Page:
If you are perhaps wondering who? well he is is an American politician, and member of the Democratic party, who served as a member of the U.S. House of Representatives from Massachusetts from 1981 until his retirement last year in 2013.
What was a rather large shock to some is that on May 30, 1987 he came out as gay, and so it is a matter of considerable pride that this announcement had little impact on his electoral prospects – his voters carried on voting for him. Shortly after that announcement he began dating Herb Moses, an economist and LGBT activist; their relationship lasted for eleven years until an amicable break-up in July 1998. Moses, who was an executive at Fannie Mae from 1991 to 1998, was the first partner of an openly gay member of Congress to receive spousal benefits and the two were considered “Washington’s most powerful and influential gay couple”.
So was this the deep dark secret I was speaking about?
Nope, even with this degree of openness about who he was, there was still a part of him that he kept buried, and it was only when he retired in 2013 that he could finally be open about a part of his life that he had been forced to keep secret – he was not religious.
Now that he is out, here he is talking about being Openly Secular …
Discrimination is rampant against those who are secular. Teens are made homeless after being thrown out of their homes; young activists receive death threats; people lose relationships with friends, family, and coworkers for not believing the same. A 2014 Pew research study, for example, showed 53% of people would be less likely to vote for someone who does not believe in God. Gay and even adulterous candidates were less discriminated against.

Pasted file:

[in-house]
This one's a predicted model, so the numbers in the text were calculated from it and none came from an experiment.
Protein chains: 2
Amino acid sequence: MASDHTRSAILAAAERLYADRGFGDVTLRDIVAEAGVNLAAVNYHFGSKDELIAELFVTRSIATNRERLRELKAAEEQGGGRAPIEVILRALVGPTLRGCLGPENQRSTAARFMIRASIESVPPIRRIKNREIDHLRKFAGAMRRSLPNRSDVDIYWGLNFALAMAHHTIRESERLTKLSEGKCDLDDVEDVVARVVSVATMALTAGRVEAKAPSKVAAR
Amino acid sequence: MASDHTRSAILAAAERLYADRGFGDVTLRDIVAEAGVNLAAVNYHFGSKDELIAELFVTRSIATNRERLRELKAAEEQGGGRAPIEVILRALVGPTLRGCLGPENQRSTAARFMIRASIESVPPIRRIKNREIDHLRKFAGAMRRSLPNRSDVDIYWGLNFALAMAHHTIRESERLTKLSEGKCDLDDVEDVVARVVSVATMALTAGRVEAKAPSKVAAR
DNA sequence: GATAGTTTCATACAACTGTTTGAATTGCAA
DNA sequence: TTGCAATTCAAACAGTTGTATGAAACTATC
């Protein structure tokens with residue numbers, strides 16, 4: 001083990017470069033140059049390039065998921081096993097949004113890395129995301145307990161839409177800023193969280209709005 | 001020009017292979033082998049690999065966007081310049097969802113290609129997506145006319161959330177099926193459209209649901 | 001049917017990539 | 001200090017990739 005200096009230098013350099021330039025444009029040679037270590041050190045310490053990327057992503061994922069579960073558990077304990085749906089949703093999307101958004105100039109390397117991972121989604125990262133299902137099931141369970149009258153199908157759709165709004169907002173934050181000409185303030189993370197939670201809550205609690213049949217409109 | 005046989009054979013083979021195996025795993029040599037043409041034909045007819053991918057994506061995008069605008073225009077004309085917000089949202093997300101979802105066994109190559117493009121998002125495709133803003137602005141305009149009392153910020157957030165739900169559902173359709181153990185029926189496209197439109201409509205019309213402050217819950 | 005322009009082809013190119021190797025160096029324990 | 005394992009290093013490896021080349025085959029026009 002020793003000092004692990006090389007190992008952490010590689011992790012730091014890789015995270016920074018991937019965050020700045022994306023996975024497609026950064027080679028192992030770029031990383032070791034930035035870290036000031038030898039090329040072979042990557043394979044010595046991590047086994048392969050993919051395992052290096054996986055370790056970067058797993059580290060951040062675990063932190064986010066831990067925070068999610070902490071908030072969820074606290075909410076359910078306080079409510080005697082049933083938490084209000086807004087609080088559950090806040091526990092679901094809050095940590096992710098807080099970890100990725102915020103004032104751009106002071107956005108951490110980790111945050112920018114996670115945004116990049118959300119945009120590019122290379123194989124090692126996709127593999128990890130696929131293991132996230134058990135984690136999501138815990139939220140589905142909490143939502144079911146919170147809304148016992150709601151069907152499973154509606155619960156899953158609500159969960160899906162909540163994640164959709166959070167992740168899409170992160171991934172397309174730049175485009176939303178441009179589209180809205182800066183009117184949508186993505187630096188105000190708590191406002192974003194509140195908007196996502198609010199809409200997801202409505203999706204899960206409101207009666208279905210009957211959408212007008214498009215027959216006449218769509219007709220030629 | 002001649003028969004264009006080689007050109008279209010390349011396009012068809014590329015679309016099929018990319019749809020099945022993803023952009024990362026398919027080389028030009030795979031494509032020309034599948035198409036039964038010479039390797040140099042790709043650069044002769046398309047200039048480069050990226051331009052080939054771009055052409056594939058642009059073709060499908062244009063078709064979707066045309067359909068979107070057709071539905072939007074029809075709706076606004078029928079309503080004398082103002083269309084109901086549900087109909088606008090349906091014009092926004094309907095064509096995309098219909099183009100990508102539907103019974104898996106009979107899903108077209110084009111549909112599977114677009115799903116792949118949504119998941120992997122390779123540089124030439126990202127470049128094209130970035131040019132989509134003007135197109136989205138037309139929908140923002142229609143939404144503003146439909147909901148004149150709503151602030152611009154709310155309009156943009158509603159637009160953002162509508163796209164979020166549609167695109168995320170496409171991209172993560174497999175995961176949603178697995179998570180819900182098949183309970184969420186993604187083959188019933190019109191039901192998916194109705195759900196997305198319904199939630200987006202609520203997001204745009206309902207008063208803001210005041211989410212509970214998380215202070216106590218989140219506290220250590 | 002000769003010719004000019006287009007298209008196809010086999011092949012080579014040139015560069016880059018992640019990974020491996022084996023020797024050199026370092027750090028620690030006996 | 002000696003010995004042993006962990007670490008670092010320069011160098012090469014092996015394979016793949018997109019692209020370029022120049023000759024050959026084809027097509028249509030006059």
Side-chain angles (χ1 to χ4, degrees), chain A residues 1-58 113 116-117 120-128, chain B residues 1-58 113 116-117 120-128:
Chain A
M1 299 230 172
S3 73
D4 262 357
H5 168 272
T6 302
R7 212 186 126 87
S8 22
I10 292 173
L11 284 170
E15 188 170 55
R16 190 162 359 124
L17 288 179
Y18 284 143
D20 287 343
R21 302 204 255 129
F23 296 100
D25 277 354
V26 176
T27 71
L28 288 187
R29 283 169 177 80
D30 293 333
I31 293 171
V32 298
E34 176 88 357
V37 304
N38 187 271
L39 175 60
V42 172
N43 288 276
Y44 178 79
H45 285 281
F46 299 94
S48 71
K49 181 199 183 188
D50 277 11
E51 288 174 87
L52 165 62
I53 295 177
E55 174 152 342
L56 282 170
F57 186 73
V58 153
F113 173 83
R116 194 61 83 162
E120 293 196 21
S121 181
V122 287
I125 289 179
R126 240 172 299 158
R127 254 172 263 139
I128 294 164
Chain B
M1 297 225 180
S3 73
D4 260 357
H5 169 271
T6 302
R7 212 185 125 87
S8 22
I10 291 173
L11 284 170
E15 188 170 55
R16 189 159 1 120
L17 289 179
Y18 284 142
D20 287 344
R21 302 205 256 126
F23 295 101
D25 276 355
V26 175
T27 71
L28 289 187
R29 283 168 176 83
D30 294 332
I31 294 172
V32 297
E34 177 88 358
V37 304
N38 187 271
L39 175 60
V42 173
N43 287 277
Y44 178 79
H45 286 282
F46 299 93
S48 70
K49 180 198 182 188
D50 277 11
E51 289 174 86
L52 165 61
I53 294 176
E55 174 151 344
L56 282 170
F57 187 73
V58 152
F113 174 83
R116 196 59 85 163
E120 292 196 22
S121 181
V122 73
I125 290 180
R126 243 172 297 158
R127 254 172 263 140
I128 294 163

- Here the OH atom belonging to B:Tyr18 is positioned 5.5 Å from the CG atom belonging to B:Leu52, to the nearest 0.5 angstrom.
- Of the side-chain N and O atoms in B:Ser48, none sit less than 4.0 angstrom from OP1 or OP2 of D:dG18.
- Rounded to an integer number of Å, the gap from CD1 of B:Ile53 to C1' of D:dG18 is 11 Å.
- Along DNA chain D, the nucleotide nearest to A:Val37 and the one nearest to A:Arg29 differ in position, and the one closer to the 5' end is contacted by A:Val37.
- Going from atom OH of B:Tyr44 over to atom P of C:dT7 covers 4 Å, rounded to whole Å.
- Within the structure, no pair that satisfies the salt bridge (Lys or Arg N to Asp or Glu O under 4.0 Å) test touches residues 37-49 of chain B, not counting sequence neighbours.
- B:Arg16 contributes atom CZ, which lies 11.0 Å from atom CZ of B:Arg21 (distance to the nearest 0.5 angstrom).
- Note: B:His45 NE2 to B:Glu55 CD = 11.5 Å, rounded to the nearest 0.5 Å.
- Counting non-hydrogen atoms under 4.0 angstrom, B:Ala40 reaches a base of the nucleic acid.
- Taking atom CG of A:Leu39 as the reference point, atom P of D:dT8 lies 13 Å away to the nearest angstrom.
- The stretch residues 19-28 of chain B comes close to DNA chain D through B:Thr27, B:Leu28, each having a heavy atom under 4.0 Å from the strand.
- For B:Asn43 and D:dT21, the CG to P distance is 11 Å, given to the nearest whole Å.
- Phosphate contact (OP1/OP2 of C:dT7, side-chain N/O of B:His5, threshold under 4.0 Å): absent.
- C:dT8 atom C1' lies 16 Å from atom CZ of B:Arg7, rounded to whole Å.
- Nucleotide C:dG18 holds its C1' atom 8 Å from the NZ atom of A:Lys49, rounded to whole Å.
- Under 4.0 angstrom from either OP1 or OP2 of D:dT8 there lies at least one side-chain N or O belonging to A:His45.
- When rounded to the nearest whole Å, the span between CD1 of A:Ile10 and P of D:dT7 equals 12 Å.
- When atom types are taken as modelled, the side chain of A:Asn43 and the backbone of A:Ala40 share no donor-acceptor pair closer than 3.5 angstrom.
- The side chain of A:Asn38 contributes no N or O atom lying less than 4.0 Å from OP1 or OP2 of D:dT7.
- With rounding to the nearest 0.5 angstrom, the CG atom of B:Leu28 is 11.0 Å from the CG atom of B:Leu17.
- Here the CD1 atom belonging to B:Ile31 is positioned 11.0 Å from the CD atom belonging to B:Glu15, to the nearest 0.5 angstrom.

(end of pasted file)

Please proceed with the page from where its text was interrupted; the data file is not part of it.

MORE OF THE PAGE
Openly Secular is the joint project of four of the best-known and respected secular organisations – The Richard Dawkins Foundation, The Secular coalition for America, the Secular student alliance, and the Stiefiel Freethought Foundation.
What do they do?
They tell stories.
They believe that increasing the visibility of secular people will lower prejudice against them, much as it has for the LGBT community. For example, 68% of those who personally know gay or lesbian people favor marriage equality, compared with just 32% of those who don’t know anyone (Pew Research, June 2013). Secular people will realize they are not alone when they are open and others say, “So am I.”
They share stories of pain to show how discrimination hurts and why it needs to end – like that of Damon Fowler, a high school student kicked out of his home when he came out of the atheist closet; or Adriana Ramirez and Margaret Doughty, who were denied U.S. citizenship because their morality is not religiously-based.
They share narratives of joy to demonstrate their values of Acceptance, Reason, and Love; express what we believe, show how love can ﬂow despite differences, and that people are glad they became open. Ultimately, we strive to save relationships that might be lost to misunderstanding.
Here are some more stories …
Vivekanand Palavali, MD – Openly Secular
Dr. Vivekanand is a brain surgeon. He is from India but lives in Michigan, and is Openly Secular! His father was an atheist and his mother was Hindu, he gravitated towards the philosophy found in Secular Humanism.
Sarah Haider – Openly Secular
Sarah is a Humanist and Openly Secular! She was born in Pakistan, raised in Texas, but now lives in Washington DC. She was raised as a Muslim but began to question Islam when she began reading philosophy.
Mandisa Thomas – Openly Secular
Mandisa is an atheist and Openly Secular. She is the president and founder of Black Nonbelievers Inc.
Bart Ehrman – Openly Secular
Bart Ehrman identifies as both a Humanist and agnostic and is Openly Secular! He originally was a Christian, and moved towards being a liberal Christian before giving up his faith completely.
Candace Gorham – Openly Secular
Jerry DeWitt – Openly Secular
Jerry is an ex-minister, a Secular Humanist, and Openly Secular! After studying theology and examining his experiences, he realized that he didn’t believe in God anymore. He stresses how important it is to be open about your beliefs.